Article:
More soon at the blog…in the meantime, great post.

  5. A pet hobby of mine is running the Flesch readability tests on articles decrying Henry James’ “legendary clotted prose,” to use the phrase above.

    Wouldn’t you know, the articles usually come out as considerably less readable than HJ’s prose itself. For instance, the Flesch tests return a score of 76.5 for the quoted passage from The Awkward Age. That’s a very good reading on the tests’ zero-to-one-hundred scale.

    Sadly, the material discussing James’ prose comes in at 57.8. Not awful, but not nearly as good as James himself.

    Some of this is the natural difference between fiction and essay. But the tests usually reveal that the real problem isn’t James’ style. What many readers dislike is his complexity of thought. Mitchy, a major character in The Awkward Age, is characterized in a subtle way in the quoted conversation.

    James could just tell us that Mitchy is good-hearted but rather naive and easily victimized. Sadly, in real life people don’t go around with signs saying, “I’m goodhearted but, etc.”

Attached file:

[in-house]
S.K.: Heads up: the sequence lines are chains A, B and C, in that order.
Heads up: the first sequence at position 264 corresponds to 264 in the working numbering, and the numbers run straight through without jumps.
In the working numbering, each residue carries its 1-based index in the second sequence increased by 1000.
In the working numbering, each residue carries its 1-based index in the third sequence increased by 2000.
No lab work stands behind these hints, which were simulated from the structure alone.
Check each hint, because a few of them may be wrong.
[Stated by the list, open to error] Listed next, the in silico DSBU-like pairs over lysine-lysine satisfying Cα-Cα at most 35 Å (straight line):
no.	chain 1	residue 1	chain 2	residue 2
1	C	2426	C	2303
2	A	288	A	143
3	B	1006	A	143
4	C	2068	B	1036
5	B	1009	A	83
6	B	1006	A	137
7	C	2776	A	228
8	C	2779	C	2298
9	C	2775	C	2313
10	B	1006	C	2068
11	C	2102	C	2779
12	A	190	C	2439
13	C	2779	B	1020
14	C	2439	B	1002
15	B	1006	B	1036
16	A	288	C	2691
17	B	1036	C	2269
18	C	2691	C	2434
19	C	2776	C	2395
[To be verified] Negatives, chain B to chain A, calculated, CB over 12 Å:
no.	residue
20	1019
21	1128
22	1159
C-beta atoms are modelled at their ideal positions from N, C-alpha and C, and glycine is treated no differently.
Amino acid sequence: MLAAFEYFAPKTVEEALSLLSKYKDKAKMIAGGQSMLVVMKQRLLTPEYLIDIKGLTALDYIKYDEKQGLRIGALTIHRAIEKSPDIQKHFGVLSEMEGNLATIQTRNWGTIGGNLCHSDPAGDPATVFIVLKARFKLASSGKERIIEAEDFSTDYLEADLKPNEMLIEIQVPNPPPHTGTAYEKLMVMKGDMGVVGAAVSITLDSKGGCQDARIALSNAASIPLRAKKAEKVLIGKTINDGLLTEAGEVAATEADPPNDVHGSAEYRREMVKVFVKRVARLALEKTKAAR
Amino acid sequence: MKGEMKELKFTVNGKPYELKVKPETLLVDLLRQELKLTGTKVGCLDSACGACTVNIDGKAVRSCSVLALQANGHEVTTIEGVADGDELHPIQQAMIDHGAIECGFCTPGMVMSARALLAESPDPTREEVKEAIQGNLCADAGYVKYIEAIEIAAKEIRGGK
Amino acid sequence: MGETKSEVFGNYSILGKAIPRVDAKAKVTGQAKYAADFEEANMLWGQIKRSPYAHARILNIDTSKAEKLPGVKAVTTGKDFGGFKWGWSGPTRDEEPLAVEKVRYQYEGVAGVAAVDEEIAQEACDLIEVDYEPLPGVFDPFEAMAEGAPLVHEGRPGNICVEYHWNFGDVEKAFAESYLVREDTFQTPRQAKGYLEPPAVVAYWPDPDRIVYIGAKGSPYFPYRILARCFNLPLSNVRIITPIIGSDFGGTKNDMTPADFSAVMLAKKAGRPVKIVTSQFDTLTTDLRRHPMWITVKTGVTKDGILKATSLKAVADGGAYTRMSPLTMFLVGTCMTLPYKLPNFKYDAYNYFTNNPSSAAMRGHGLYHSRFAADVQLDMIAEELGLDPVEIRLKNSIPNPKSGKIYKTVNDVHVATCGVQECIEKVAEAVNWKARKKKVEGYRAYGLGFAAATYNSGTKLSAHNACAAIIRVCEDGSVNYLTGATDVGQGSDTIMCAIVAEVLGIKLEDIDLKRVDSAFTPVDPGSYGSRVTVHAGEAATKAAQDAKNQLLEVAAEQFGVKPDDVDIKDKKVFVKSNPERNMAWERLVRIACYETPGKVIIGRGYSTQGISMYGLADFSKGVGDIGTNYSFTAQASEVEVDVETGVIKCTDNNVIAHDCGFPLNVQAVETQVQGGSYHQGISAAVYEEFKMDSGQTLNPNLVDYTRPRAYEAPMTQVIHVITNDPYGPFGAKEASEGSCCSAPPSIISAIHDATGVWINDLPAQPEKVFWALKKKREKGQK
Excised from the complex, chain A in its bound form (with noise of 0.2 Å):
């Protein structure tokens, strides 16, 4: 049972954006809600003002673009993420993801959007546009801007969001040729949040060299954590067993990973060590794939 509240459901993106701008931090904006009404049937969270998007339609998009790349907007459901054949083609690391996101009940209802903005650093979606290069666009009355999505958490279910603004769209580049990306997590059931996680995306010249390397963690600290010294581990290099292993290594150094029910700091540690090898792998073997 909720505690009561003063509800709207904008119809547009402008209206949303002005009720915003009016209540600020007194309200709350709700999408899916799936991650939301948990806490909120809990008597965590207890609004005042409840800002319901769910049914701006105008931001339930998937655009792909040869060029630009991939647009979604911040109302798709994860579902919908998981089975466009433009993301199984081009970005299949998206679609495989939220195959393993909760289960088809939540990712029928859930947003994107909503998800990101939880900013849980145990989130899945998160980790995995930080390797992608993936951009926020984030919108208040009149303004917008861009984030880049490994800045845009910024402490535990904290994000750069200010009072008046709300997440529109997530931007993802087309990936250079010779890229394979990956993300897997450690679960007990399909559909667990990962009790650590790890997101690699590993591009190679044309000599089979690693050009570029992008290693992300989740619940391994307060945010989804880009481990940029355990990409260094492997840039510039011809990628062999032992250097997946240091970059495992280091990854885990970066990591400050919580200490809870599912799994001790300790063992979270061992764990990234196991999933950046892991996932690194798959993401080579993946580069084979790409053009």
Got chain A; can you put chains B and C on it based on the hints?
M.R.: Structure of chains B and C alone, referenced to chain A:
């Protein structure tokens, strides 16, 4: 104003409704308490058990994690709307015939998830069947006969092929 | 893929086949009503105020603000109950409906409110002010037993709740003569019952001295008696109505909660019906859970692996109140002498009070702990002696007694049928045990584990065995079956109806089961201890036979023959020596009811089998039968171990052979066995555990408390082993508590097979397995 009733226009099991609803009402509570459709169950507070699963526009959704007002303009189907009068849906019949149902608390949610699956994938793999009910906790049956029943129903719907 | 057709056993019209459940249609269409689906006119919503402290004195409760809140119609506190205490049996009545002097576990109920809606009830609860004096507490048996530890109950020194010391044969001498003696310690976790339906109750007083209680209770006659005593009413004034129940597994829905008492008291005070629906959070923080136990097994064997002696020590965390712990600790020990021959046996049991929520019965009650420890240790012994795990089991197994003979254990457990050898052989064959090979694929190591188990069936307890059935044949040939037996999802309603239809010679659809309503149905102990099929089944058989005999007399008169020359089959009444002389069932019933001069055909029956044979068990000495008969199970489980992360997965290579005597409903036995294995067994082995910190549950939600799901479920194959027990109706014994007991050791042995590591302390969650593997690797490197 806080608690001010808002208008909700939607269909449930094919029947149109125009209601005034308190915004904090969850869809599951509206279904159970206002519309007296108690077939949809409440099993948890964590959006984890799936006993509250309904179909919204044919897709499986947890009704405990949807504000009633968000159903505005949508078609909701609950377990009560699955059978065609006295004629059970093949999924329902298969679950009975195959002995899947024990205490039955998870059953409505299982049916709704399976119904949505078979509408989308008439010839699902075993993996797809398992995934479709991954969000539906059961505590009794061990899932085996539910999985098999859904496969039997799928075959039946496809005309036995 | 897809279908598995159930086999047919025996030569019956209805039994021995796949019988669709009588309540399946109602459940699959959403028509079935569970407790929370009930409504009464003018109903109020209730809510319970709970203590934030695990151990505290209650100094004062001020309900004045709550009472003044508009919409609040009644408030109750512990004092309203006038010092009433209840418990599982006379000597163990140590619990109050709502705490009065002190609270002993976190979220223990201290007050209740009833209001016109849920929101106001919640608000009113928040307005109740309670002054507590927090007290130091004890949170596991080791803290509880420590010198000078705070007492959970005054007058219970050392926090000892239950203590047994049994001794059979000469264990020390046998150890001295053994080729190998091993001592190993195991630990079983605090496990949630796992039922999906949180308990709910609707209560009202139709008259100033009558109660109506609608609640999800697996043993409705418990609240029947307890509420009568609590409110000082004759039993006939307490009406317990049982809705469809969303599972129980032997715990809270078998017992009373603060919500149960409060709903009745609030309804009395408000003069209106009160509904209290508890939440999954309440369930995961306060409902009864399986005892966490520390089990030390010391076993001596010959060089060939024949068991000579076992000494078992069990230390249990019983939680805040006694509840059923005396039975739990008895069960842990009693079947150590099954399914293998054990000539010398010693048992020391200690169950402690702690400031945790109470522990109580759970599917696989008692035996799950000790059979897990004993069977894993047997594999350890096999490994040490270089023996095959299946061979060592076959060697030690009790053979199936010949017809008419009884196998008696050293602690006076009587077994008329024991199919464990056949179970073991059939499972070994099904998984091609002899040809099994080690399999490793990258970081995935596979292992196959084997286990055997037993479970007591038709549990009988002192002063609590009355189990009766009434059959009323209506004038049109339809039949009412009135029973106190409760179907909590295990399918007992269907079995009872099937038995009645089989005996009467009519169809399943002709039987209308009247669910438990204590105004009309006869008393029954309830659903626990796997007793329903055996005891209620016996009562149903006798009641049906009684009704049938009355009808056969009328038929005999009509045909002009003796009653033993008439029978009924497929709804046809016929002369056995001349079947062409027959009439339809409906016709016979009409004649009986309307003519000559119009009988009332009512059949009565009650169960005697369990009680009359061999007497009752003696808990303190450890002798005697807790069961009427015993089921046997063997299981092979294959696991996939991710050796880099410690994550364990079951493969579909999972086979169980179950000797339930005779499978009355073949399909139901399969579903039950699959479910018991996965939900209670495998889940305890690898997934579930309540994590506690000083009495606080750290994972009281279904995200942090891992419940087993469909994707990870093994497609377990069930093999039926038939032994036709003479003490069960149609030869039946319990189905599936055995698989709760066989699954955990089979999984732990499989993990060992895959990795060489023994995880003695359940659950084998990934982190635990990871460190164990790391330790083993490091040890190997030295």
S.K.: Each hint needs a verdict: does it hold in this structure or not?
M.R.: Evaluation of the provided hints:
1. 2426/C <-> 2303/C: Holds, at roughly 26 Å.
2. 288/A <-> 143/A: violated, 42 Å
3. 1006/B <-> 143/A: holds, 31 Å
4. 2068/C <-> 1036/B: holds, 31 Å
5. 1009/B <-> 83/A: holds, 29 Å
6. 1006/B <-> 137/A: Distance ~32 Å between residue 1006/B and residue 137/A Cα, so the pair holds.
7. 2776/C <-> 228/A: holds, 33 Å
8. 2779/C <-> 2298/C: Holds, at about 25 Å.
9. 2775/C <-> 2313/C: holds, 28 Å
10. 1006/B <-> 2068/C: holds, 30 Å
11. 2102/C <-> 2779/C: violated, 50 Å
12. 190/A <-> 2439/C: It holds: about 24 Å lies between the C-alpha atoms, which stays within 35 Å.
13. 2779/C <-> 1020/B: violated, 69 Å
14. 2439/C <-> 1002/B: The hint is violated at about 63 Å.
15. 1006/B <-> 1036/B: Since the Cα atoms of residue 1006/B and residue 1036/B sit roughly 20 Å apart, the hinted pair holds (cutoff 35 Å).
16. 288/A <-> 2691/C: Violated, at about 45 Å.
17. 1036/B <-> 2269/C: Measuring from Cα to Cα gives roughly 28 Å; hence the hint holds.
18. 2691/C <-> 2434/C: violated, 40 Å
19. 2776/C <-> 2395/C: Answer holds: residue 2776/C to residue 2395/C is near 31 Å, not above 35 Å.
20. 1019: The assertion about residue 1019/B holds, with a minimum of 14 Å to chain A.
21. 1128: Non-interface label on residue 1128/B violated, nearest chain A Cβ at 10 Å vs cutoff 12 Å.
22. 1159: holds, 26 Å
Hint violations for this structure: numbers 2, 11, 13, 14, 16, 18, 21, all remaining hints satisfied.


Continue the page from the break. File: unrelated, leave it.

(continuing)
In our complicated world you have to pick up on people’s changing and unpredictable characters in much the same way that you have to decipher Mitchy’s character from the hints in this conversation.

    Which a lot of readers don’t want to do. They just want James to tell us what Mitchy is like and then tell us what he did. In other words, the complaints about James’ style are often a poorly concealed admission of intellectual laziness.

    H.G. Wells, an admirer of Stalin, was about as intellectually lazy as they come. So it’s no surprise that he made the standard complaints about James’ style.

    BTW, this post doesn’t score nearly as well as The Awkward Age, either.

  6. Casey: I should preface this by saying that James is my favorite novelist in English and I recommend your excellent page on him, which I have visited several times, to those of my readers who are interested in James.

    I find the Flesch test, which simply plugs into a formula the average words per sentence and average syllables per word, to be an impossibly crude marker for readability. A simple example. If I write, “Man proposes. God disposes.” instead of “Man proposes: God disposes.” I get a higher Flesch score. Yet the second is more readable than the first. It is easy to construct a highly readable passage that scores low on the Flesch test, and vice versa.